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Ann N Y Acad Sci. 1987;516:306-13.

Complement activation in extracorporeal circuits.

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Travenol Laboratories, Round Lake, Illinois 60073.


Clinical studies performed with various types of hemodialyzers provide a data base and conceptual framework for understanding blood-material interactions that result in complement activation. Current findings suggest that the complement-activating potential of biomaterials may be defined by quantitating either fluid-phase C3a antigen or measurement of surface-bound C3 fragments. Furthermore, systematic studies can reveal material properties that regulate both the production and distribution of the human anaphylatoxins. Assessing the fate of the C5a anaphylatoxin is particularly important because it is likely that generation of this bioactive molecule in extracorporeal circuits initially triggers granulocyte responses and may produce cardiopulmonary manifestations if the C5a is formed in sufficient quantities. It seems likely that detailed knowledge of these varied phenomena will permit rational design of newer "biocompatible" materials and membranes.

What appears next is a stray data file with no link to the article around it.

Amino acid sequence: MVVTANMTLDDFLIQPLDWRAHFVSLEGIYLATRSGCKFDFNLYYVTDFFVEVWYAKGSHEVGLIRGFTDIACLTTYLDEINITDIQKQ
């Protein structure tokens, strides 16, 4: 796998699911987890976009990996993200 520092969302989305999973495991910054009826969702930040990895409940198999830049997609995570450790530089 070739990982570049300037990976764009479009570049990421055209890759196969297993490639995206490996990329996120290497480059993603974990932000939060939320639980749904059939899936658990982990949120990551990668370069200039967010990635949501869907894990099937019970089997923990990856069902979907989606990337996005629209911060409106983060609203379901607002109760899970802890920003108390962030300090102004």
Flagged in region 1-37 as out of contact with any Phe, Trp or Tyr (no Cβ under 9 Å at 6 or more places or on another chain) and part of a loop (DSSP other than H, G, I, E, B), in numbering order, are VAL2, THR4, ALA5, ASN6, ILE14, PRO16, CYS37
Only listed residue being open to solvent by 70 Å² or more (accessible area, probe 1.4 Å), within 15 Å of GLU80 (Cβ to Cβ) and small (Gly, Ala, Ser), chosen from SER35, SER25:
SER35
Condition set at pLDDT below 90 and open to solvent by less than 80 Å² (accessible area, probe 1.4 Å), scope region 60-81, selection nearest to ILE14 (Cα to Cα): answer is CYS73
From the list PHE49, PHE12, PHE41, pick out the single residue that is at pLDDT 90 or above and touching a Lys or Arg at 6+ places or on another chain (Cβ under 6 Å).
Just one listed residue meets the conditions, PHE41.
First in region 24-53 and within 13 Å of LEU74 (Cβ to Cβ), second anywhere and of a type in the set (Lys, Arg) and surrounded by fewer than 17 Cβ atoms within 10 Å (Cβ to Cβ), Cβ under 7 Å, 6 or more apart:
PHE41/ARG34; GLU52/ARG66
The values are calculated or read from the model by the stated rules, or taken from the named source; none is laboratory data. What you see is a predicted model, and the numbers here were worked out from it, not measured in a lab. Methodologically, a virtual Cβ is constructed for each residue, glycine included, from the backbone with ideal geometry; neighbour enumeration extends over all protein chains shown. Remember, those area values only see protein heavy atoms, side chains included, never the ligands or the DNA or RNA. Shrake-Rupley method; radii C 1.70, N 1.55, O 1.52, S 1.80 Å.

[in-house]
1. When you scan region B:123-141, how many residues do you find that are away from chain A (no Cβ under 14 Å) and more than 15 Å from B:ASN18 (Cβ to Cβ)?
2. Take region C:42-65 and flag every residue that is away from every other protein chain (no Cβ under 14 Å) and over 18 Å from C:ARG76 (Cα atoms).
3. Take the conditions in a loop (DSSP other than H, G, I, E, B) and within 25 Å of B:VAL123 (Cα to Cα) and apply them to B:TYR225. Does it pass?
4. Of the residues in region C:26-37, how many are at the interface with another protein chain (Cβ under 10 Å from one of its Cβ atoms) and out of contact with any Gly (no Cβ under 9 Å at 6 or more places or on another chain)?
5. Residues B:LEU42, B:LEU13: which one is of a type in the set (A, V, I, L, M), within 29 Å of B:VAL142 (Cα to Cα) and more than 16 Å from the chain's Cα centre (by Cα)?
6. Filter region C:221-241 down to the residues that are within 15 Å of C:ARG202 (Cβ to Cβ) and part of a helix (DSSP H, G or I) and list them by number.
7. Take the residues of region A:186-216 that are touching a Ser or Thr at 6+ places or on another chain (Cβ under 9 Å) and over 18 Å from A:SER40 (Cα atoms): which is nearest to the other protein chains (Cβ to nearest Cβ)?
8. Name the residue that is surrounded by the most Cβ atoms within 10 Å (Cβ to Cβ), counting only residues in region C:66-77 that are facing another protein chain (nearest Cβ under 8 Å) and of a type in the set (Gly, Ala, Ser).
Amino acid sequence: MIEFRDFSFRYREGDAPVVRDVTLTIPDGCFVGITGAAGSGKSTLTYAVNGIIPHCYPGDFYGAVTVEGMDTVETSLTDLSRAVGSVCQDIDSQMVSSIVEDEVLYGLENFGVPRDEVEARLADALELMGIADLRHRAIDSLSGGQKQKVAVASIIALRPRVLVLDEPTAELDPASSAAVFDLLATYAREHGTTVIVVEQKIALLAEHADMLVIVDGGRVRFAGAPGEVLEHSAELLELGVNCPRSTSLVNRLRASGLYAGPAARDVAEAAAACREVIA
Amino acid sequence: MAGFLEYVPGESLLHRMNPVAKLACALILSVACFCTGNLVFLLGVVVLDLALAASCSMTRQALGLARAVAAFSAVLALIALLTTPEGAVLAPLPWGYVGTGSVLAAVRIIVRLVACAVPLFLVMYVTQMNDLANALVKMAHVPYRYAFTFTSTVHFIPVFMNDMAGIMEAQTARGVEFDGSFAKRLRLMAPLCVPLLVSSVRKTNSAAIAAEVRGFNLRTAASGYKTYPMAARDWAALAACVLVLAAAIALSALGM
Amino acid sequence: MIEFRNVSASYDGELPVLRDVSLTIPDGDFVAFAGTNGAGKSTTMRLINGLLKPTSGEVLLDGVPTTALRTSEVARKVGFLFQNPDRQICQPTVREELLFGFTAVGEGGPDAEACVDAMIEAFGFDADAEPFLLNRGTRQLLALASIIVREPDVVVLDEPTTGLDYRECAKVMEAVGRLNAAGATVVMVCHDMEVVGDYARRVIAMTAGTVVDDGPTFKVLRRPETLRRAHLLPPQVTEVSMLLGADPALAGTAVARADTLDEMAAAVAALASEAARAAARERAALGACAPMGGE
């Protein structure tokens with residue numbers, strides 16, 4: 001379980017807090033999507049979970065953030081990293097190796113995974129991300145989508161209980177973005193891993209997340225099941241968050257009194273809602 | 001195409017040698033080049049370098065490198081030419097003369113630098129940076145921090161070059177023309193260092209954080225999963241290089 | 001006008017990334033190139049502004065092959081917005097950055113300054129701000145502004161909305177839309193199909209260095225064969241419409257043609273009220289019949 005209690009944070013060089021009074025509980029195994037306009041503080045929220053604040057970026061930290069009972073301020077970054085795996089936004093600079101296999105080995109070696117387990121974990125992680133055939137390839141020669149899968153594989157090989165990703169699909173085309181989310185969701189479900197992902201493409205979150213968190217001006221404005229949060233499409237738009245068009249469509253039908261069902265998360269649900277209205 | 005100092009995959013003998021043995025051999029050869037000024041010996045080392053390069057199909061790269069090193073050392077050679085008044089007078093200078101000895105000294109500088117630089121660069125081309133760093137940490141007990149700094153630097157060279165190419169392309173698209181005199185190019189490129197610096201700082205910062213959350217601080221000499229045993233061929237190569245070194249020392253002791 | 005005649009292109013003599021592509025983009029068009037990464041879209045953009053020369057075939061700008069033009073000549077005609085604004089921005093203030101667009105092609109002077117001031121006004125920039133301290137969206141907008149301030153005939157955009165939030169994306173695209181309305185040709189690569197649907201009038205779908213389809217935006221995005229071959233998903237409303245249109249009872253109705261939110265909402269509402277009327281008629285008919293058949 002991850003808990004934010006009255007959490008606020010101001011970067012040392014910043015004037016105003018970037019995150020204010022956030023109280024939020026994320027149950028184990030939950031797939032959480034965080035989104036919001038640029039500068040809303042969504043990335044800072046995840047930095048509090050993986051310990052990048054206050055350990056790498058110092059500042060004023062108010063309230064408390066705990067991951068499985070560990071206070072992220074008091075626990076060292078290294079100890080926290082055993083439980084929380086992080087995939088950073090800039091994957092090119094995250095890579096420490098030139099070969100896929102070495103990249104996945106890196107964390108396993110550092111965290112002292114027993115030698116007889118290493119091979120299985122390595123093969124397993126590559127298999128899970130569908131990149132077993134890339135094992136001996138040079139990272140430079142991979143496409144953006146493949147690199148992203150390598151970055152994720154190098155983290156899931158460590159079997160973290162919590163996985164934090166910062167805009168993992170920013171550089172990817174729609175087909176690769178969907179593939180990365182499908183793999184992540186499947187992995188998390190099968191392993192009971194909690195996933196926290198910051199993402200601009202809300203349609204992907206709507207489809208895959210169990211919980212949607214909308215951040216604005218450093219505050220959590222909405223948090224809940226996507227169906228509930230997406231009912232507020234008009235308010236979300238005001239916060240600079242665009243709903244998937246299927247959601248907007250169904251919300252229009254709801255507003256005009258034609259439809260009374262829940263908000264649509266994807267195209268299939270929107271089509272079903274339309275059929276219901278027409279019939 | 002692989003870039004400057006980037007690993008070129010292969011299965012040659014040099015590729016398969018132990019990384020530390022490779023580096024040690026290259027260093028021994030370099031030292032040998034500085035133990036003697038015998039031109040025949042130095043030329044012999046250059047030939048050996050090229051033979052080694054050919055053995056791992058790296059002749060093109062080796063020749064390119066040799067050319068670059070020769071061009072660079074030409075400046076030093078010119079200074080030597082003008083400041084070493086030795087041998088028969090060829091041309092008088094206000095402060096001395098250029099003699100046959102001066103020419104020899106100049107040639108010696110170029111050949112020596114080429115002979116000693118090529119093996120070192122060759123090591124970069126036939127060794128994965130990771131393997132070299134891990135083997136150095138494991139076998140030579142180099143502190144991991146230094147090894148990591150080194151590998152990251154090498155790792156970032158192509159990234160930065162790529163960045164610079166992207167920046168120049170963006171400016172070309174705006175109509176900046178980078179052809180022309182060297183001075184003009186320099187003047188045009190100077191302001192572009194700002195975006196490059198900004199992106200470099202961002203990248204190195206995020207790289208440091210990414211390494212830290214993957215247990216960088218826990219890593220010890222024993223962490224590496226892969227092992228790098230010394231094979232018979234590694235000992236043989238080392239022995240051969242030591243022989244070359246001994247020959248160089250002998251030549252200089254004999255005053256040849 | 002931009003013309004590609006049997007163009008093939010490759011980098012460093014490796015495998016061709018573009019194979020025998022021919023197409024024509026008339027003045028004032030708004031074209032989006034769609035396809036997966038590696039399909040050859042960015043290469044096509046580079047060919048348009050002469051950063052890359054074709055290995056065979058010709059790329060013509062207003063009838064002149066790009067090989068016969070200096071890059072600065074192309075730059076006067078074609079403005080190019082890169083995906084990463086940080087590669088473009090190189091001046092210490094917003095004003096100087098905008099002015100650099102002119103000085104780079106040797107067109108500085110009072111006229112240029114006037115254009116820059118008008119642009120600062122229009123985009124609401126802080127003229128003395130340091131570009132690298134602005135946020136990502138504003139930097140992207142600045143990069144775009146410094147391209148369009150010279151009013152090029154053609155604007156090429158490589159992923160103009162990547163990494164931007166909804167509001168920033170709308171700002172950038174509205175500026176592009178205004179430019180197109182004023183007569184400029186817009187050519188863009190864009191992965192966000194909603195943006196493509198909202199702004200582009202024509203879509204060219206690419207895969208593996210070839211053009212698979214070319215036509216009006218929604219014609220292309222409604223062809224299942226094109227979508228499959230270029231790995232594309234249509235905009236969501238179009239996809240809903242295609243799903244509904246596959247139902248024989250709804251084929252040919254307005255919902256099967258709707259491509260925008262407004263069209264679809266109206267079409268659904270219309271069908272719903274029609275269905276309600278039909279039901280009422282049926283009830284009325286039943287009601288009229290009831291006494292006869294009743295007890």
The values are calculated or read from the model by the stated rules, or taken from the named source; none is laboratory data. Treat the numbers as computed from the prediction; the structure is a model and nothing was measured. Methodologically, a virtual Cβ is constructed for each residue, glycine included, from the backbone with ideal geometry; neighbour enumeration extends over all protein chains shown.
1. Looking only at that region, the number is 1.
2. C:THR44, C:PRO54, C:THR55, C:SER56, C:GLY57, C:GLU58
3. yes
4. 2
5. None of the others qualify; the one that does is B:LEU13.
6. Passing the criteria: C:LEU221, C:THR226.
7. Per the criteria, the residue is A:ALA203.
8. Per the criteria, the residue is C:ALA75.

[Indexed for MEDLINE]

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